Sexual guilt. If there’s one thing young, evangelical Christians know how to do really well, it’s surely that.
From the first time your Saturday night teenage fumble is followed by an earnest youth group Bible study on “not even a hint”, you become ever so familiar with that sinking feeling in your gut. And next time, it won’t take ’til Sunday morning to feel it.
You learn the reason for the guilt. It’s very simple. You feel guilty, you’re told, not because sex is bad. It’s because sex (and anything that ‘hints’ at it) outside of marriage is bad. It’s a catch-all explanation for the years of guilt and shame that your average evangelical teenager will feel, right the way through to young adulthood.
It’s dangerous. Really dangerous.
The result is this stupidly one-dimensional ethic that divides all sex in to two categories – within marriage, and outside marriage. One good, one bad. One helps intimacy and love, the other creates pain and shame.
Imagine how that belief plays out in real life:
As an evangelical teenager, still working things out, discovering relationships, testing boundaries, making mistakes, you find yourself in a situation which you sense is not quite right. You get caught up in the heat of the moment, and realise you’ve been too pushy, pressuring another person to go further than they were comfortable with. When realising you’ve done something wrong and hurt another person, you feel that familiar guilt.
Instead of associating this with the pressure you inflicted, and learning a valuable lesson about consent, you simply assume the guilt you feel is because you did something sexual before marriage.
The same goes for other poor decision-making, whether messing around with a friend’s ex, or leading someone on in order to boost your own ego, or breaking the trust of a sexual partner. As soon as you realise it was a bad move, and feel a sinking, guilty feeling, you assume you know the reason. Sex outside marriage is bad, so of course you’re going to feel guilty for it.
You never learn to consider what else might have been wrong there.
You never learn that there’s much more to having a good sex life than whether you’ve got a ring on your finger when you do it.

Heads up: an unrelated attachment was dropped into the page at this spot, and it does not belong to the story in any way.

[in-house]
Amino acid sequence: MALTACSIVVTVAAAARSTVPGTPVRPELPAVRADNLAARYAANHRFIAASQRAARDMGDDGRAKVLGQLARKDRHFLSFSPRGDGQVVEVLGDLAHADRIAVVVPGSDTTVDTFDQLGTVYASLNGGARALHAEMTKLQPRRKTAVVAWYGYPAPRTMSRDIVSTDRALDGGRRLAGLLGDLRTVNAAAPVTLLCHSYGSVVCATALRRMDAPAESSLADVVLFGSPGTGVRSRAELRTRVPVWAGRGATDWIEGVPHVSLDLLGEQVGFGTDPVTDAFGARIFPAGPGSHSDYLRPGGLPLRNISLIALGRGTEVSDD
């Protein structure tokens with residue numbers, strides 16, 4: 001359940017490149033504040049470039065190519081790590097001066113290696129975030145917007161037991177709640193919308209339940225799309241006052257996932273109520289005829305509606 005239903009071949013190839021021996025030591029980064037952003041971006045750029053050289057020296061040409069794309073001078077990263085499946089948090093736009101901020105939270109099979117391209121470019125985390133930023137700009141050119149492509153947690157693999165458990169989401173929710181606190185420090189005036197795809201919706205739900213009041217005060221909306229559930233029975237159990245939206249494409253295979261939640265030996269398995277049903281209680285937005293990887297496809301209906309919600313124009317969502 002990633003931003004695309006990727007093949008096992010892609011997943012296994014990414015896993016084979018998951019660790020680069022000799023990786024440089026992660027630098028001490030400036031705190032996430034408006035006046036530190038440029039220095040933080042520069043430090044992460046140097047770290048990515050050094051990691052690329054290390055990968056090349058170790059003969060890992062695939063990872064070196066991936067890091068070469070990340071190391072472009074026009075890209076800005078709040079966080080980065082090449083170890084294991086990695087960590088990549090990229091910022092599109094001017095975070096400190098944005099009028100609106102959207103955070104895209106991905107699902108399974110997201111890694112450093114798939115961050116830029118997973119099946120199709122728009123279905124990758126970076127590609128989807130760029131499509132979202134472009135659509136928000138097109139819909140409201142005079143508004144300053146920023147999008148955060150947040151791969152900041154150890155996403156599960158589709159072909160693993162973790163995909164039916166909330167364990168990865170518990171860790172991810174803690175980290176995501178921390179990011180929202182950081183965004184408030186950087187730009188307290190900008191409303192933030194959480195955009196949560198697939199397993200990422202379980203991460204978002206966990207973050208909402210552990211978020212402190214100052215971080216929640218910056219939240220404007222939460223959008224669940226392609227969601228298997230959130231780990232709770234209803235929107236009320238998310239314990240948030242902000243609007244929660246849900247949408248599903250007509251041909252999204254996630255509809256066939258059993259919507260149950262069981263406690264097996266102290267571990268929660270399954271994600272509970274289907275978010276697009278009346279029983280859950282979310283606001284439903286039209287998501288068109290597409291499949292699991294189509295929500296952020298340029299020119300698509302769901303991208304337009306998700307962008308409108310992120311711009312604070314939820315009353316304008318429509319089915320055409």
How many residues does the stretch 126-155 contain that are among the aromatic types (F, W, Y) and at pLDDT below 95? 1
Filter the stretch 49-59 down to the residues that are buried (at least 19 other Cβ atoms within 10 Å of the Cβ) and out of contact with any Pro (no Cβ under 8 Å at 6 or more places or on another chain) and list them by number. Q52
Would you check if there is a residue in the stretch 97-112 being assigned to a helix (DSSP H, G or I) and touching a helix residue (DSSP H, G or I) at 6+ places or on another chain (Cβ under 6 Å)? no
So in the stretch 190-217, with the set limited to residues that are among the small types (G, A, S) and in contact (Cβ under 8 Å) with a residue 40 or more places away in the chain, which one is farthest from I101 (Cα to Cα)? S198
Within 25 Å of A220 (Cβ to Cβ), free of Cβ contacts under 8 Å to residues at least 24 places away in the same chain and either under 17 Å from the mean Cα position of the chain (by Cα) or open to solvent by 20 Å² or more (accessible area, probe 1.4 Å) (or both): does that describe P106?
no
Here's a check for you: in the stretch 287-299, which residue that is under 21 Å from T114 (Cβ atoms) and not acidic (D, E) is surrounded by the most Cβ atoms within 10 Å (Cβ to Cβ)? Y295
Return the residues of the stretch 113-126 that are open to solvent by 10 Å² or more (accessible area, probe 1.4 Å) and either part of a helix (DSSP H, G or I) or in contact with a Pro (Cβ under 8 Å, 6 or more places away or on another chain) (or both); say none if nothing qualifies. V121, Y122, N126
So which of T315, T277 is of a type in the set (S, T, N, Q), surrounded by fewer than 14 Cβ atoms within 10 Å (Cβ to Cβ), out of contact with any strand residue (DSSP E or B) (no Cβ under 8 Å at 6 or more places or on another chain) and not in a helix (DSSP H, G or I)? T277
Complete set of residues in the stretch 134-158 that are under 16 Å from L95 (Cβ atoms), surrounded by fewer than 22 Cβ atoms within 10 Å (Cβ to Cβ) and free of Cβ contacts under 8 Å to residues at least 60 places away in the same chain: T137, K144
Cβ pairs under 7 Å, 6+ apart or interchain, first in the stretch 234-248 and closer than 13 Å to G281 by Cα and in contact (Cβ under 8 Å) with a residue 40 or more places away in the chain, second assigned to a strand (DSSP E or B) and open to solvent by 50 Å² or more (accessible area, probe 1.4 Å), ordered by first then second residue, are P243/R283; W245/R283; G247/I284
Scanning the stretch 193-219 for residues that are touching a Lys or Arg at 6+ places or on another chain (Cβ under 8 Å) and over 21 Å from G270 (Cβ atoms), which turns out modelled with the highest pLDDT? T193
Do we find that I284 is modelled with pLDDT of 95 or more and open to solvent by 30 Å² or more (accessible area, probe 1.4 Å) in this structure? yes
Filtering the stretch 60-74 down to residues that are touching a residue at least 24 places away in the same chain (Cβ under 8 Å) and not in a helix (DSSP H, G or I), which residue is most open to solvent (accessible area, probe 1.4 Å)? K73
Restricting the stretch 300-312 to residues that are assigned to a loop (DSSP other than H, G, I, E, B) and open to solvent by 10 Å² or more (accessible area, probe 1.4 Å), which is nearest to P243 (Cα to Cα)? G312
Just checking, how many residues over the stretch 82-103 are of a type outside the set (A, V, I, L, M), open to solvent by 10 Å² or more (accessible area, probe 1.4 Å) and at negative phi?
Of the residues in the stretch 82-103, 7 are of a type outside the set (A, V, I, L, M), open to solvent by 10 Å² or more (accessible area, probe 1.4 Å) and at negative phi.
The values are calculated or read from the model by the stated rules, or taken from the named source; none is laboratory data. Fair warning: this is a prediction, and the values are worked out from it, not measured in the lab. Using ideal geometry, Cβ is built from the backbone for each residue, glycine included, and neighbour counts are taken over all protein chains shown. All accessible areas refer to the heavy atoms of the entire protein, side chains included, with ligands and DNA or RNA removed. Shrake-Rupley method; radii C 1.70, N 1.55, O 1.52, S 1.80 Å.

I discovered recently, thanks to a sermon I was expecting to hate but turned out to find really useful, a little phrase I’d overlooked in 1 Thessalonians 4. One of those “avoid sexual immorality” passages. As ever, we’re left to work out what sexual immorality actually means, and marriage, it turns out, isn’t mentioned at all. What it does say is this:
“…in this matter no one should wrong or take advantage of a brother or sister.”
What if that was the starting point for interpreting sexual guilt? What if immoral sex wasn’t defined by the legal status of your relationship, but by wronging and taking advantage of other people? How much more would evangelical teenagers be thinking about consent, about being considerate to friends, about empathy and kindness?
How many mistakes would I have avoided repeating?
If we teach young people that sexual immorality is simply sex outside of marriage, we leave them totally ill-equipped to negotiate the dilemmas and decisions they’ll need to make with understanding, consideration, and common decency.
Perhaps it’s right that evangelicals should be well aware of our sexual failures and mistakes. Perhaps a bit of guilt is a good reminder to make better choices next time. But if the dividing line between good sex and bad sex is marriage, that guilt is going to be dangerously misinterpreted.